Outlook to December 18

November 15th, 2012 at 11:28 pm by under Chad's WLFI Weather Blog

Still looks like a pretty dry, mild pattern largely to December 3 with lots of 50s to even 60 or 61 & some 40s.

Much of the moisture will be wrapped up in a very active subtropical jet running from California to Georgia & Florida with strong “Pineapple Express” originating in central Pacific.  This deep moisture has origins in the El Nino Modoki (anomalously-warm water in central Pacific) & the MJO, which has an area of enhanced rainfall across the western & central Pacific right now (this MJO enhancement helped bring the extremely active tropical season with typhoon after typhoon in the western Pacific this summer & fall.)

Much of the moisture will be wrapped up in this over the southwestern & southern U.S., with us being in the middle of a split flow, resulting in dry, mild, pleasant weather.

Big changes are on tap December 4-11 with below-normal temperatures & what could be the first accumulating snow around December 10.

After this, there may be a warm-up as we get around December 18.

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6 Responses to “Outlook to December 18”

  1. Doug in Flora says:

    In other words, the MJO has some mojo…right? ;-)

  2. Tom says:

    Crista would have loved the winter of 1830-1831. The first big snowstorm I want to talk about is the big storm in December 1830. I couldn’t find any records from the viewing area but 3 feet of snow is said to have fallen in Illinois in Dec. 1830. Autumn 1830 was warm and wet in Illinois with the grass still green and the leaves on the trees in December. Between December 20 and Dec. 30. three feet of snow fell in IL. On New year’s day, warmer air brought rain, and the rain froze, forming a crust. More snow fell until there was 5 feet of snow on the ground. At Minneapolis, MN the temp. fell to 28 below on December 21. Records at St. Louis and Marietta, Ohio are in agreement that the snow and cold were widespread in the winter of 1830-1831.

  3. Tom says:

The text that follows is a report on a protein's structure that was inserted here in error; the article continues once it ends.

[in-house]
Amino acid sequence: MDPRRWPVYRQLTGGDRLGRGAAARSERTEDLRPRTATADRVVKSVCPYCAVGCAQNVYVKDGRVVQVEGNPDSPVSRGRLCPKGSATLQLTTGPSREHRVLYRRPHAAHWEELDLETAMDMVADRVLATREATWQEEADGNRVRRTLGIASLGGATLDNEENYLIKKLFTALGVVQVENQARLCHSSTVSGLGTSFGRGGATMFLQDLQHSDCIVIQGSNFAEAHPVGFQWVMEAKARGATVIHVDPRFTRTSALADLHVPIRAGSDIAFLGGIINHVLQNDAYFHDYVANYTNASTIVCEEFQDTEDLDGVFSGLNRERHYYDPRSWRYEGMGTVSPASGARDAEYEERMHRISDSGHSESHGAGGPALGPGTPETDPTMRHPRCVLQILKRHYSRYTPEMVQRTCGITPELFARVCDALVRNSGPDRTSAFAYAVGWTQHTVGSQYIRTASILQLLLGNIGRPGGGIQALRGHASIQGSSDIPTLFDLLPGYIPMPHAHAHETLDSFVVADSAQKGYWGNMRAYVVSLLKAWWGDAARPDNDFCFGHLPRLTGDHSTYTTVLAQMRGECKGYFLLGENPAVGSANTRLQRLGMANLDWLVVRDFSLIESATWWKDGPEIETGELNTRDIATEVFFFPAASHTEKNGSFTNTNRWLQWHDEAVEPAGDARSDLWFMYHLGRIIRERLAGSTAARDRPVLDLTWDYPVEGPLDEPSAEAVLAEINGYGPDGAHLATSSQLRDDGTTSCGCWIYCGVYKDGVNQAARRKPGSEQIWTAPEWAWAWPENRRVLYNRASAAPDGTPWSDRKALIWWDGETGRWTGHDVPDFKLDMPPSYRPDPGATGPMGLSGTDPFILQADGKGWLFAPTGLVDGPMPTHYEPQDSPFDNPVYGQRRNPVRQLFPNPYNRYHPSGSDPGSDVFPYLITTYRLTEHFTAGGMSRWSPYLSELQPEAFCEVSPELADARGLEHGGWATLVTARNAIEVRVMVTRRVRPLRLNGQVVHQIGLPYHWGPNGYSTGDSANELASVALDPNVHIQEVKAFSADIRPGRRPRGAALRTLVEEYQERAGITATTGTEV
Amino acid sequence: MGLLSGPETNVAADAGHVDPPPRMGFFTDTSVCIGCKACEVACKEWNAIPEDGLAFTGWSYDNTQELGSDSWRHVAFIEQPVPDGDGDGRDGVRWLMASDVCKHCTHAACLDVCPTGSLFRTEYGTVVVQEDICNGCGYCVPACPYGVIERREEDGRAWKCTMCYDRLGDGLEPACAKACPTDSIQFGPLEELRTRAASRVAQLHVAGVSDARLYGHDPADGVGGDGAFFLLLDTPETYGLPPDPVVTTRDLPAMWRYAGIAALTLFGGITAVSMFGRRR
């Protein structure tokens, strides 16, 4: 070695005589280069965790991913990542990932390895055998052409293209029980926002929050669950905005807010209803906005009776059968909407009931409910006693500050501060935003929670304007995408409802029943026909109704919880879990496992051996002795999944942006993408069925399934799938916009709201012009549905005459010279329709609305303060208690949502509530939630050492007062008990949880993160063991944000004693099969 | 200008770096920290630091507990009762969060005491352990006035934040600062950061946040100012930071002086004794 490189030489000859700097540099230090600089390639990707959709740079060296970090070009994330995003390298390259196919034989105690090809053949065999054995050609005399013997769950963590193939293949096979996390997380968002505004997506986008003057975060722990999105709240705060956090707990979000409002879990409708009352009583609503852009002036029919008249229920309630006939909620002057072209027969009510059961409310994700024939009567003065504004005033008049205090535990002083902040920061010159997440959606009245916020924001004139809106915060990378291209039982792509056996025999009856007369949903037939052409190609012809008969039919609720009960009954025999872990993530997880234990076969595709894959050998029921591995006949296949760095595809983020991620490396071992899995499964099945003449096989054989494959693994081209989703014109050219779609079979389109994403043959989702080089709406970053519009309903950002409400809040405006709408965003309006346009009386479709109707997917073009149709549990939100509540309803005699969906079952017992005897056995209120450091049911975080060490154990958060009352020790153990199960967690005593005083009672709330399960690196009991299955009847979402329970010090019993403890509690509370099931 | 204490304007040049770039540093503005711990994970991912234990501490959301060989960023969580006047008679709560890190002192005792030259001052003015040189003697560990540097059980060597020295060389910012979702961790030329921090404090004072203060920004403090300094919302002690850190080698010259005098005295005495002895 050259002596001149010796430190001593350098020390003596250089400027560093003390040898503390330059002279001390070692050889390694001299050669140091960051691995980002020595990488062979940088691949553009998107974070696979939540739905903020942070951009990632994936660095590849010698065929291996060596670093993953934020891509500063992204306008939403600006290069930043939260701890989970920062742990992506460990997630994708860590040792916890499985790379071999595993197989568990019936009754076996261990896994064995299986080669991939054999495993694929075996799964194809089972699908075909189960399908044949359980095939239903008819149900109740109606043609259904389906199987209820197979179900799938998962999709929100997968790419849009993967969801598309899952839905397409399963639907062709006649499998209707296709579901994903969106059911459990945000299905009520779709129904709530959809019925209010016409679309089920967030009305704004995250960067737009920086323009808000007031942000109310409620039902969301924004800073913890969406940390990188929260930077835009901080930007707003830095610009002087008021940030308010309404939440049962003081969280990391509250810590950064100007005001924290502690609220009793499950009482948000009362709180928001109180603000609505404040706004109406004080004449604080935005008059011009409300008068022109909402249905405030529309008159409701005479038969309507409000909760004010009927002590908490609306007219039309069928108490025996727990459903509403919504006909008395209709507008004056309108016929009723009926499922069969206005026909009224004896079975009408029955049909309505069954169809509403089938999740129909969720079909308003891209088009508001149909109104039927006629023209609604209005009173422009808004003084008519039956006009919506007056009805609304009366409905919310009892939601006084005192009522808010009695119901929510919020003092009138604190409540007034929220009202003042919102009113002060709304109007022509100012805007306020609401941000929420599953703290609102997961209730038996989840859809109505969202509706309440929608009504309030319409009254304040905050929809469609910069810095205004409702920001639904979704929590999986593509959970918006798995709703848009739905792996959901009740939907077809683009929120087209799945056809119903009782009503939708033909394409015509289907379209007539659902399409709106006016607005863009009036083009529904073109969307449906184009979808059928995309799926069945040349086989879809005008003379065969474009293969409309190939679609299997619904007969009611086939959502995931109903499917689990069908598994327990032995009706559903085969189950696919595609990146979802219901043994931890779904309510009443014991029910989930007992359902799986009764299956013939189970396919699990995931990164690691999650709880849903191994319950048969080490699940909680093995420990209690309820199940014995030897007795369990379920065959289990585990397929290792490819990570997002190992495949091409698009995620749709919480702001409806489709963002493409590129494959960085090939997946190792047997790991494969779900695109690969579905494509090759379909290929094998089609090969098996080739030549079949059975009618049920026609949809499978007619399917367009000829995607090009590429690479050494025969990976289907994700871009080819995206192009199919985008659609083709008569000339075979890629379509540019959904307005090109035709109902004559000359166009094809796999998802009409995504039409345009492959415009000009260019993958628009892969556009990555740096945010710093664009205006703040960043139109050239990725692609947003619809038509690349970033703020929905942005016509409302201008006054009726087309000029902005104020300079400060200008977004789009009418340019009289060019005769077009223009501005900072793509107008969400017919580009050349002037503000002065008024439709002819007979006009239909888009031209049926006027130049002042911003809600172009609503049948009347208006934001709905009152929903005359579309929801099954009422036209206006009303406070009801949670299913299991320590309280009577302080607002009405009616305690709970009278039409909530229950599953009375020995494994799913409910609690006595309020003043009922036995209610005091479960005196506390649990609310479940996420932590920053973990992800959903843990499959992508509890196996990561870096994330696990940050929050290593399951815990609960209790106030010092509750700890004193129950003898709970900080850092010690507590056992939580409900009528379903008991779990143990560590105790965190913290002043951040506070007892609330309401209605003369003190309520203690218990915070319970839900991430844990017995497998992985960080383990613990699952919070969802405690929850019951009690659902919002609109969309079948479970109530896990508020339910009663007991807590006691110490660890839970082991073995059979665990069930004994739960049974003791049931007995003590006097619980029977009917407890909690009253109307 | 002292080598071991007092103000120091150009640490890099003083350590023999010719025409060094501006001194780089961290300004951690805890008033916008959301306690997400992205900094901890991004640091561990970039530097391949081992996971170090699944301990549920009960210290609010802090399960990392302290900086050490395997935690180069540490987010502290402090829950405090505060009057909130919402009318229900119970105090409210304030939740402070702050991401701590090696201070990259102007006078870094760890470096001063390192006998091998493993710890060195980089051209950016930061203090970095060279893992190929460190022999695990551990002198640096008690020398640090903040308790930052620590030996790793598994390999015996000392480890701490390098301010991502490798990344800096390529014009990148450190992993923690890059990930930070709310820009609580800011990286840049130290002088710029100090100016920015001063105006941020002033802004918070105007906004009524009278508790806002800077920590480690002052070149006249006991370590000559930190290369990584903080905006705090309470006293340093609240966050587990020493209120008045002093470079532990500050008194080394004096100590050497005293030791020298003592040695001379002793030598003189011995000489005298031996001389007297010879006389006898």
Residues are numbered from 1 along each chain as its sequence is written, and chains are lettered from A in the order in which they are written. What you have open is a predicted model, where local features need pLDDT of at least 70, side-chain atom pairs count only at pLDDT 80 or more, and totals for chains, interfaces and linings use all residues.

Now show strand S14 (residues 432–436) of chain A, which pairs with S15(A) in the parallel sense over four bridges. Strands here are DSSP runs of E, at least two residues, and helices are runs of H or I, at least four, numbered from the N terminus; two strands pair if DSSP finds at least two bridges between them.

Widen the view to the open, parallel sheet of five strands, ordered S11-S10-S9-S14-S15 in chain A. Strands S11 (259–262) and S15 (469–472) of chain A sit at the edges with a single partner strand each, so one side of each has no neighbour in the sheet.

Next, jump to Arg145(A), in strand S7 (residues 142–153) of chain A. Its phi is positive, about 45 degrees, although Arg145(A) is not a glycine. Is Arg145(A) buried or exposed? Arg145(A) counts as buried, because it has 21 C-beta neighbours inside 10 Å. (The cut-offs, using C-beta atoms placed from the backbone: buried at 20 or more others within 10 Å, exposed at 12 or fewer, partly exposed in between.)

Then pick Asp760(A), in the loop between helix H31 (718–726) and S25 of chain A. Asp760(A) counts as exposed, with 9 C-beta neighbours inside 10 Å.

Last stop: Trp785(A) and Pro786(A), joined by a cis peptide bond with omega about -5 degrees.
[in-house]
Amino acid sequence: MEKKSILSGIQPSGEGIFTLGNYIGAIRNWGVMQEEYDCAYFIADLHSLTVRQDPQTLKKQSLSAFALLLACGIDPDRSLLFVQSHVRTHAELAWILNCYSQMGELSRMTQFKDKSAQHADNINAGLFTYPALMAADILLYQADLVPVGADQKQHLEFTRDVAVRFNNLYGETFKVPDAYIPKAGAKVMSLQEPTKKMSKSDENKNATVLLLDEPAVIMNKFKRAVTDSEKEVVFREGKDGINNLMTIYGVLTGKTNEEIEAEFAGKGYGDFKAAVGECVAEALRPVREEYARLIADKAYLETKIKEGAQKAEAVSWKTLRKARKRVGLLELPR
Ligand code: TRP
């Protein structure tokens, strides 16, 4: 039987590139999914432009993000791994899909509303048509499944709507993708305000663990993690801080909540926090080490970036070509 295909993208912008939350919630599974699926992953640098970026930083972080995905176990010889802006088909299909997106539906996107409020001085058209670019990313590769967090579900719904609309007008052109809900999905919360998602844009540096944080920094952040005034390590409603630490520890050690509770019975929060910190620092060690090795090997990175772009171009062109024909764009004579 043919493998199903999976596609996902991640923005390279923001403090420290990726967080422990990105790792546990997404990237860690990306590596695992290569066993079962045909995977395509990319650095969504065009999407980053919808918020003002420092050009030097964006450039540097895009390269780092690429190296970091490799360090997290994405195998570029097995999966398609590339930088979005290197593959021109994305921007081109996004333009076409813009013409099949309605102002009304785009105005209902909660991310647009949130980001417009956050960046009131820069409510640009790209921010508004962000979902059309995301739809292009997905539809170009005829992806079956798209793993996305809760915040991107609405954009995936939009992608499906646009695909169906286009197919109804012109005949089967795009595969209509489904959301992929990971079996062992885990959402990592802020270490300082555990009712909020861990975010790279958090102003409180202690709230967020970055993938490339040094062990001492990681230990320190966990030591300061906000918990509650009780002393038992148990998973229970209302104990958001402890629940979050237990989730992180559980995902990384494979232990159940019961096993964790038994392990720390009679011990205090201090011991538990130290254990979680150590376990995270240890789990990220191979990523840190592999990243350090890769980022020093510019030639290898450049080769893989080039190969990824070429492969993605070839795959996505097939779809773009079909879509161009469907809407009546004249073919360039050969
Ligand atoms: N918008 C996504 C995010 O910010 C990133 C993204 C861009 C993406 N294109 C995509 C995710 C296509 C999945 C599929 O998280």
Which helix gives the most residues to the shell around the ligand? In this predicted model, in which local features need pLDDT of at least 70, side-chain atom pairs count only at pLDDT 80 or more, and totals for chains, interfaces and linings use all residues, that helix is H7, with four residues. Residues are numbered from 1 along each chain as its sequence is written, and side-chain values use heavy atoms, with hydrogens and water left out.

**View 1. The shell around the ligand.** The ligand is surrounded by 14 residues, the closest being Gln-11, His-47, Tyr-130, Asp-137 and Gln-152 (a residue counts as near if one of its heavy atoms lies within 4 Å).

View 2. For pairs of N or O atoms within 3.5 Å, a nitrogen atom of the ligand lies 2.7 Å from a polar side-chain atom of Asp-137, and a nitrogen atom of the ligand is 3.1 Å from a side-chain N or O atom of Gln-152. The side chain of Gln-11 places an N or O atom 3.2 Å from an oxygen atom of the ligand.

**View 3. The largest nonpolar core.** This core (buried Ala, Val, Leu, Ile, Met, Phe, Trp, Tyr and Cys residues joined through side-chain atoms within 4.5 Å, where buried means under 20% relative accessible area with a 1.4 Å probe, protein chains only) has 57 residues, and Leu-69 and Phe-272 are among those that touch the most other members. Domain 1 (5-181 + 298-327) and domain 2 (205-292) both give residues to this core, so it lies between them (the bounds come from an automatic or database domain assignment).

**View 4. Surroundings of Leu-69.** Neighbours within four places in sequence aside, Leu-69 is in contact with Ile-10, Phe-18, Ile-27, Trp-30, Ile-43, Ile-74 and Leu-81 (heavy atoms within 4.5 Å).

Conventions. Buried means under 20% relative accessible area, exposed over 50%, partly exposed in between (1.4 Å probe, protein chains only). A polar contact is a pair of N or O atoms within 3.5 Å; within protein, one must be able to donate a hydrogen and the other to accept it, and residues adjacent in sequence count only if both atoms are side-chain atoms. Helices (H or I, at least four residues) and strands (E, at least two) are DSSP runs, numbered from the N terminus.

Another big weather event happened in Dec. 1836. at Lafayette. On Thurs. evening Dec. 15, 1836 it started snowing and snowed until Friday night Dec. 16. Eight inches of snow fell and drifts were much greater. But Monday night Dec. 19 it started raining and rained until Tues. at 6pm. and the snow was nearly all gone. Here are some temps. from that time.
    Friday Dec. 16 7pm 19 degrees
    Sat. Dec. 17 7pm 19 degrees
    Sun. Dec. 18 7am 6 degrees
    Mon. Dec. 19 10pm 39 degrees
    Tues. Dec. 20 7am 34 degrees
    Tues. Dec. 20 6pm 34 degrees
    Tues. Dec. 20 7pm 10 degrees everything froze very quickly between 6 and 7pm
    Wed. Dec. 21 7am 6 below zero

  4. Tom says:

    Monday January 28, 1839-Six inches of snow fell in Lafayette, followed on Tuesday by some rain and sleet. Wednesday was cold with some floating snow.
    December 12-19 1839-There was a considerable fall of snow during that week at Lafayette.
    The winter of 1842-1843 was really bad. Cold and snow came in November and it was snowing on April 2, 1843 at sunset in Lafayette. I will talk more about this winter later.

  5. Tom says:

    The winter of 1842-1843 was called “The Hard Winter”
    On November 2 1842 the temp. was 60 degrees at Minneapolis, MN.
    Winter was here by November 18. On Nov. 18 it was 0 degrees in Platte County, MO. and snow fell 2 feet deep at Grand Rapids, MI. November 24-The snow was 2 inches deep at Lafayette and the Wabash river was closed with ice. February 17, 1843 it was 17 below at Huntertown, IN. On March 22, 1843 it was snowing at sunrise and noon in Lafayette. On March 23 it was 5 degrees as sunrise in Lafayette. March 30, 1843 a violent snowstorm left 2 feet of snow at the Lake county Indiana Courthouse.

  6. Tom says:

    The winters of 1855-1856 and 1856-1857 were hard winters. On January 4, 1856 the temp. fell to 20 below and on Feb. 4 the temp fell to 22 below at Lafayette. On January 14, 1857 there was a heavy fall of snow in Lafayette. On January 22, 1857 the temp. fell to 11 below in Lafayette. On March 6, 1857 a blinding snowstorm hit Lafayette. The storm lasted only a few minutes but covered the ground with snow. Another snowstorm hit Lafayette on the morning of April 5, 1857.

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